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The future of Down the Road

If you take my monthly newsletter, Back Roads, you read this a couple weeks ago. The main point of Back Roads is to give subscribers previews of what I’m working on and let them be the first to know when I publish a new book. I’m also a little more personal there than I am here. If this sounds good to you, sign up here!

On February 7 my blog will turn 14. When I started it, I had no idea where it would go or how long it would last. I wrote about whatever I wanted and hoped I’d attract an audience. I paid attention to which topics got the most interest, whether in pageviews or in comments. I wrote about those topics more, and l left behind topics that readers ignored.

My blog has had four phases over the years:

  • the “I’m not sure what I want this blog to be” phase
  • the “I hope to become Internet famous by writing about old roads” phase, which failed
  • the “I hope to become Internet famous by writing about old film-photography gear” phase, which is how I became best known, though it falls short of full Internet fame
  • a phase where I gave up on Internet fame and leaned instead into building community around the topics I’m interested in, which has succeeded

It feels like this blog could be entering its fifth phase. I don’t know what it is just yet, or what to call it. But I’m starting to lean harder into publishing books of my photographs and writing, and that has implications for this blog.

NO

My next book will be of photographs I made last summer around my neighborhood. I never wanted to live in a modern suburban neighborhood like this one. I’m a city boy through and through. But it made practical sense to move here when I married Margaret, as she was already here and it let her youngest finish at his high school.

Egad, but do these houses ever feel flimsy. Even a moderate wind makes my house creak and pop. In a strong wind, you can feel the house flex and twist, especially upstairs. It’s appalling.

But that’s not what my next book is about. Instead, I’ll show you what you see as you walk this neighborhood. From the front, every street looks fresh and cheerful — stiff neighborhood regulations ensure it. But walk this neighborhood, especially the main road that loops around it, and you’ll see that everything’s not so pretty. An Interstate highway borders it, bathing half the neighborhood in the sound of heavy traffic. A high-voltage electrical transmission line cuts through, its towers visible from most angles. A natural gas and a petroleum pipeline also cut through, creating wide gaps between houses. Houses back up to the main loop road; a low fence isn’t enough to obscure all the backs of those houses. Because of the way the houses are arranged, and because of the electric and gas lines cutting through, the backs of lots of houses are exposed. A private back yard is hard to come by here. From the back, these houses just look cheap — too few windows, huge swaths of vinyl.

I really noticed the beauty and banality of my neighborhood last spring and summer. I worked from home thanks to COVID-19, and to keep active I took walks and bike rides around the neighborhood. I brought cameras along to document what I saw. I felt sure there my photographs could be arranged to tell this neighborhood’s story.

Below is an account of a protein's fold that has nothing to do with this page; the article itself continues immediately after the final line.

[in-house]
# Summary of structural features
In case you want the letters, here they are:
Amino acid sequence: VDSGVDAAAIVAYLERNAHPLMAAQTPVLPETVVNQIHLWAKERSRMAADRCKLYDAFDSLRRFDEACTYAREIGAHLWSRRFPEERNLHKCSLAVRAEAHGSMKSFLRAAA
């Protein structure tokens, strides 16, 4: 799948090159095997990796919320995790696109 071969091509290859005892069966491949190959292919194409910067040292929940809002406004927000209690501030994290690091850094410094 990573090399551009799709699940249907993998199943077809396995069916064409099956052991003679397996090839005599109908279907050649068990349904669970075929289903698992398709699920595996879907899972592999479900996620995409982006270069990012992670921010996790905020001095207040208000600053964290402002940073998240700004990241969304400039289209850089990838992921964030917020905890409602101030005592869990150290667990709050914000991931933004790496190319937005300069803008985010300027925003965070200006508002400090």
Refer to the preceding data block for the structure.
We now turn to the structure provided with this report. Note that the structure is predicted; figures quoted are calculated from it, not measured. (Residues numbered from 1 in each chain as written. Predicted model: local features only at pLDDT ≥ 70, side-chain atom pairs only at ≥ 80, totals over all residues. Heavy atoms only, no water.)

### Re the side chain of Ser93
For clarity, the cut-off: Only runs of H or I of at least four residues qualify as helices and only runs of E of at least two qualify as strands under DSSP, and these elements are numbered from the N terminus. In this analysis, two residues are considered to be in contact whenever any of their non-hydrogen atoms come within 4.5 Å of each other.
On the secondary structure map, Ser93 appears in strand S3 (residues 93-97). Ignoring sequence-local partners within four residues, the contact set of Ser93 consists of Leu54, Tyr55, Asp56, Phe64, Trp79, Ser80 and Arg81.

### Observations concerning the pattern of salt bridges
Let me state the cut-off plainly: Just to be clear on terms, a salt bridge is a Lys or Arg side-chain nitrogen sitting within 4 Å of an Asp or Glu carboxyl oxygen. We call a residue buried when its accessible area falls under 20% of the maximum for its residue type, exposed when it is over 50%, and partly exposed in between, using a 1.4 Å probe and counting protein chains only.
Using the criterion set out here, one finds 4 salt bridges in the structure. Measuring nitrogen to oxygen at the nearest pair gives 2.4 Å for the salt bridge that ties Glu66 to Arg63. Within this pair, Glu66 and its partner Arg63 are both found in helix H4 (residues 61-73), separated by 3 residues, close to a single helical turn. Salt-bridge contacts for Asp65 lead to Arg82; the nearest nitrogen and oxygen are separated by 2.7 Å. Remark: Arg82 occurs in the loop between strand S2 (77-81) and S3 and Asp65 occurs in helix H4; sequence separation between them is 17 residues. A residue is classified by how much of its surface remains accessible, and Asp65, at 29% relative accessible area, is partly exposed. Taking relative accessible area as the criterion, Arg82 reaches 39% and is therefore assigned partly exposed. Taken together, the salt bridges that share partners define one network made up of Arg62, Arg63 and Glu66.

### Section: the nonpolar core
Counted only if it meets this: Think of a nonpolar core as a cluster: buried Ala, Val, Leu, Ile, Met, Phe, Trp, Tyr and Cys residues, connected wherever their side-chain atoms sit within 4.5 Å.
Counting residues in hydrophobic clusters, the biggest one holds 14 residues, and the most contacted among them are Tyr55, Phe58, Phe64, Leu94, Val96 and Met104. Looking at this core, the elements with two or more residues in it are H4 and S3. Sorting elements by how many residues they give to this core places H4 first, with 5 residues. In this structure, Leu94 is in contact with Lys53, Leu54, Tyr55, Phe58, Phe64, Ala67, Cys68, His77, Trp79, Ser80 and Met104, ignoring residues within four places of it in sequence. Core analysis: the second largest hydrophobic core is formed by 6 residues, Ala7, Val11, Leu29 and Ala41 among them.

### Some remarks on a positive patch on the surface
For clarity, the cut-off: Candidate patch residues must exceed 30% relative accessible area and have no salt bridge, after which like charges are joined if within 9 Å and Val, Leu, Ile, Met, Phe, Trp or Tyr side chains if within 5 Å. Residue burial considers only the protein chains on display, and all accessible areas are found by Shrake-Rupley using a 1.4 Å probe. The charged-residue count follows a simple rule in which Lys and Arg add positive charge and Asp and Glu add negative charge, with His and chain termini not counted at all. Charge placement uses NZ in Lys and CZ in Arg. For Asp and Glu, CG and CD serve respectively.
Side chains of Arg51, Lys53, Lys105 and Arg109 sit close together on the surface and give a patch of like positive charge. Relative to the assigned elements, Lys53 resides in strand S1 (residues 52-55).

Also, I want to work on another book of essays and stories culled from this blog. I don’t know if I can deliver both books in 2021, but both are on my mind.

I also have an idea for a book about how to use a blog to share your creative work, find other people who do similar creative work, and build a community. Who knows, I might slot that in before the next book of stories and essays.

Sometimes I experience a creative flurry and write a whole bunch of posts in a short time. That happened to me in November and December last year. By last Christmas I had written posts for this blog through my blog’s anniversary date. I wrote most of this newsletter on Christmas Eve!

Other times I burn out a little on creative pursuits. That’s happened to me this month. I had hoped to produce the photo book by now, but I’ve done very little.

I have only so much time to work on my blog and my books. I have a full-time job and a family. The more I lean into books, the less time I have for blogging.

For now, I’ll keep my blog’s six-day-a-week schedule. I know the world doesn’t hang in the balance of me publishing as often as I do. But when I publish this often, you respond with the most visits and comments. When I publish less, I get less of both. When I publish more, interestingly I don’t get more of either. Six a week is the sweet spot.

Besides, this blog is how most people know me. And I love writing in it. I can’t imagine stopping. But depending on how my budding publishing career goes, I can imagine writing in it less often someday. Or maybe I’ll be incredibly fortunate and end up like Mark Evanier and John Scalzi, who both write for a living and write in their blogs several times a day. Oh, probably not; I love what I do for a living and am not looking to change it. But it’s a fun dream.

I will keep writing about the same things. Sometimes I’ll publish something on the blog that I know will end up in a book someday.

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20 thoughts on “The future of Down the Road

  1. Yes, that pesky time thing. Working, family life, blogging and reading other bloggers consumes most of it. I have not finished reading a book in ages (let alone write one) and there are home maintenance jobs trying (but failing) to get my attention. The struggle is real. I now realize that I once again left “more self discipline” off my Christmas list last year.

    • I’m currently reading about four books — a little of one here, a little of another there. It’s horribly inefficient.

      I have pretty good discipline, I just wish there were about 30 hours in a day.

  2. Andy Umbo says:

    Self Publishing, in my mind, is certainly one of the most valuable commodities of the modern era! The technology of what we used to refer to as “direct-to-press” printing, has improved in quality and dropped in expense, and the response has been the self-publishing that in some ways, proves that there has been many “niche” voices that have been over-looked by the main stream publishers, due to the need to have a certain volume to insure profit and expense payback.